And in fact, this is the contradiction that my students and the millennial writers are talking about. We, their parents, do not take them seriously. And after indirectly showing them that we have no respect for their opinion, we patronizingly invite them to dialogue. Our children can see through us. We’re contradicting ourselves. We’re preaching water and drinking wine.

It’s time for our generation to actually treat our young adults like the adults that they are. We have to end this gate-keeping where we dictate the rules of engagement with our younger adults and allow them no space to manoeuvre. After all, the younger adults are not speaking an entirely new truth; they are speaking a truth inspired by reality, and by what we, their elders, have taught them.

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Reflections

The Measure of a Man

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The Measure of a Man
Photo: Dominique Jordan on Unsplash

It is 8:30 am on a chilly Saturday morning punctuated with light rain showers. I prompt the driver to reverse the pickup truck into the entry porch. They begin unloading my stuff. A couch, office desk and a chair that I purchased with the proceeds from my first contract. These items remind me of the hurdles I have surmounted in a bid to make a mark in this world.

I am moving back to my parent’s house at the age of 25 when I should be out there conquering the world. I feel like a total loser. A disgrace to my entire lineage but deep down I knew I had met my Waterloo.

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I was born in 1991 in Kwale County. Soon after my birth, my family moved to Nyahururu only to relocate back to Kinango, a little-known town in Kwale when I was five. I left like an outsider, laughed at by other kids since I could only speak in my mother tongue but I soon mastered the national languages.

In 1997, Kenya becomes engulfed in political animosities in the run-up to the general elections. During the campaign period, the former PM Raila Odinga and horde of politicians held a public rally at Kinango Secondary School, which was close to our house. My friends and I attended the rally, squeezing through the crowd until we stood a few feet from the podium. I do not remember what was said. What I remember was the amount of money one of the politicians contributed to the school. Ksh. 200,000 in cash! That was the largest amount of money I had seen at the time.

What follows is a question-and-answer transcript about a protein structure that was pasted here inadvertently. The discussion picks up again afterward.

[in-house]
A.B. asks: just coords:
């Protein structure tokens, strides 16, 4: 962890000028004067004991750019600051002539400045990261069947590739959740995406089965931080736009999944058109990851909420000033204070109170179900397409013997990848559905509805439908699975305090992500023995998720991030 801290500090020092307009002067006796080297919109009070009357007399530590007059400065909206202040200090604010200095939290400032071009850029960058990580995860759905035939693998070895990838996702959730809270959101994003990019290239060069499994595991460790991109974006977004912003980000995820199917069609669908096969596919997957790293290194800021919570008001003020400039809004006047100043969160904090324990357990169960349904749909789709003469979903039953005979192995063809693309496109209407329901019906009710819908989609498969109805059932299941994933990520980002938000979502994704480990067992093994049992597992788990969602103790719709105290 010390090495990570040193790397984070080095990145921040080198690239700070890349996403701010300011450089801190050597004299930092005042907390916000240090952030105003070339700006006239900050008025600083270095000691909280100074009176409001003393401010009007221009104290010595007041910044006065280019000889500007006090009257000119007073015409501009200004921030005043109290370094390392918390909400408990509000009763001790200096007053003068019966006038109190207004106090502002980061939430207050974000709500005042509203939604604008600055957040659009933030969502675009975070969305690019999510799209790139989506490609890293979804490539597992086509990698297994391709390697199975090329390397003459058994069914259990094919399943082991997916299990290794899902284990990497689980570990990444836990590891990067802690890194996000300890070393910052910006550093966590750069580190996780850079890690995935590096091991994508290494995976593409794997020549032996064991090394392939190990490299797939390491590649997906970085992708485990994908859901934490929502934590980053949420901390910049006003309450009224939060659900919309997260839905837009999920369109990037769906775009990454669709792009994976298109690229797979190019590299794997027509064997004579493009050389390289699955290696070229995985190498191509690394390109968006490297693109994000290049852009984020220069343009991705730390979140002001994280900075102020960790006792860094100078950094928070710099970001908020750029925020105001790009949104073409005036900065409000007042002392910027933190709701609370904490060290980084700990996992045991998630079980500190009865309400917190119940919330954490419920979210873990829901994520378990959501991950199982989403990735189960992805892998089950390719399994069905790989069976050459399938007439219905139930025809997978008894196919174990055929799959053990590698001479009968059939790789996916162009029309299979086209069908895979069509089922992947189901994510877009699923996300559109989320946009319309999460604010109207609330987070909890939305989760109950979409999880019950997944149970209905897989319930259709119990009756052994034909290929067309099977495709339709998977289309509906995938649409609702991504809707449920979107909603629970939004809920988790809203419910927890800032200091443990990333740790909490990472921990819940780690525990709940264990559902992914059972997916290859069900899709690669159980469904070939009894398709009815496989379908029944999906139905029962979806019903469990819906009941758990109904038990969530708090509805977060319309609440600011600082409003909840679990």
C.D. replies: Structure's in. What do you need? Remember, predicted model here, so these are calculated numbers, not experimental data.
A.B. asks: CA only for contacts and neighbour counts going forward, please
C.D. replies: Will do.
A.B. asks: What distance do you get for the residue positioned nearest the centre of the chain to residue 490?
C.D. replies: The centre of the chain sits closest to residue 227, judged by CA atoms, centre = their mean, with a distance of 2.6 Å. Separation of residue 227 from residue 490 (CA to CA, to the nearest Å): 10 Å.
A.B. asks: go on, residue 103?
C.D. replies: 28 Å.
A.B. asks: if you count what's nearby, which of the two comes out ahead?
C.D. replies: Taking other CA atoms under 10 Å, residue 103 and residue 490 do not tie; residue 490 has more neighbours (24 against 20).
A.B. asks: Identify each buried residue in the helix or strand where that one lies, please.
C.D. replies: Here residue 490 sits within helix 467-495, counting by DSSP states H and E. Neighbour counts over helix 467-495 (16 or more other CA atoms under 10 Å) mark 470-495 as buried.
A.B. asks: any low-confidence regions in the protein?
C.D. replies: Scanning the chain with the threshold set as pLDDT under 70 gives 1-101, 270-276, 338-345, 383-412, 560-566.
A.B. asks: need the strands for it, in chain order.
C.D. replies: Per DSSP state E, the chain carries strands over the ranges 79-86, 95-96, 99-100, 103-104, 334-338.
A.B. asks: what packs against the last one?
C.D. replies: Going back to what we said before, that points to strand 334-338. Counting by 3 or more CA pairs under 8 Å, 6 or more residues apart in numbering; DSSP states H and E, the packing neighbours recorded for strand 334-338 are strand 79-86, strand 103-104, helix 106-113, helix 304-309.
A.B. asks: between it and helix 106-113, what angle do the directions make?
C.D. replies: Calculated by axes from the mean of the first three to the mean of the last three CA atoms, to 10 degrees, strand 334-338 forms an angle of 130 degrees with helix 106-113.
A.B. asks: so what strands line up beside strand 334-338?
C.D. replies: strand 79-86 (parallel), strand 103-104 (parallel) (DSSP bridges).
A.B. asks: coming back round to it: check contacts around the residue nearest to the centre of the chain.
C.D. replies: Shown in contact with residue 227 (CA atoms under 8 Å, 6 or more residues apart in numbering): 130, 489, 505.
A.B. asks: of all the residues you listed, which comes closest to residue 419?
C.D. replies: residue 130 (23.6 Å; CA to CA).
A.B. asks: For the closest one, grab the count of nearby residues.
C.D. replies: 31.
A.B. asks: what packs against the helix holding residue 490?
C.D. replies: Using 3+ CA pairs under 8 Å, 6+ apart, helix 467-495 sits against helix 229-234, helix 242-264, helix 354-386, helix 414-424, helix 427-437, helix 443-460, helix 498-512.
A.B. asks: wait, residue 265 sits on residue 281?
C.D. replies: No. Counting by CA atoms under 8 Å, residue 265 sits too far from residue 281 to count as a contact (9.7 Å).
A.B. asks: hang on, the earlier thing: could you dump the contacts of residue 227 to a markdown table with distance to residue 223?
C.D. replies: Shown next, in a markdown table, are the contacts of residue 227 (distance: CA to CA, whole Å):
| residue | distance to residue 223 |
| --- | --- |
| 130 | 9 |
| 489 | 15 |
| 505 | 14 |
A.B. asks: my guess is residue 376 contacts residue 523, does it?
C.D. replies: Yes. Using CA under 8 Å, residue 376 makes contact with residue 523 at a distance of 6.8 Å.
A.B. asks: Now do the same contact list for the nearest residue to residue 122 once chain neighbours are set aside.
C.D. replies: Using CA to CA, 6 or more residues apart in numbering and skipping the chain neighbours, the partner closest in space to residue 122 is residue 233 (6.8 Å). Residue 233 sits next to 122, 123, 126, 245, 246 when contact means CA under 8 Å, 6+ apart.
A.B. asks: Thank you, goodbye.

A few days later, news of a militia group called Kaya Bombo spread throughout Kwale. Something changed in the playground. The local kids started taunting kids whose parents were not natives of the coast region. Before this, we played as children, paying no attention to our origins. Overnight, we had turned into upcountry folk, unwanted in the coast region.

“Nyinyi ni wabara. Mrudi kwenu!”

Some of the locals regarded the Kaya Bombo militia as heroes out to redistribute wealth and land back to its ancestral owners, addressing historical injustices and expelling immigrants believed to have stolen opportunities meant for locals.  Some kids even fought over who would move into our house once we were all slaughtered. It was rumored that the militia members had mystical powers. When they broke into houses at night, they ethnically profiled their hostages by holding out a one bob coin and conducting an accent test. If you said something like silingi or shirigi they would cut off your head.

Petrified by these stories, we, the children of wabara helped each other learn how to pronounce Shilingi in order to pass for locals in event of a gang attack. Back at home, my parents stocked up on foodstuffs. By 6:45 pm, every evening, we would switch off all the lights, barricade ourselves indoors, huddled in one room, on the floor, farthest from the windows to avoid getting hit by stray bullets as gunshots echoed all night long. The District Officer was our immediate neighbour and family friend so we enjoyed the privilege of security of his armed guards.

That year, Likoni police station was ransacked and burned to the ground. Members of the migrant communities along Likoni-Kombani-Tiwi-Ukunda-Msambweni stretch lost property. My folks permanently halted the construction of some property in Ukunda. Once the violence was quelled, we attempted to restore our normal lives, although a few of our family friends moved back upcountry fearing for their lives.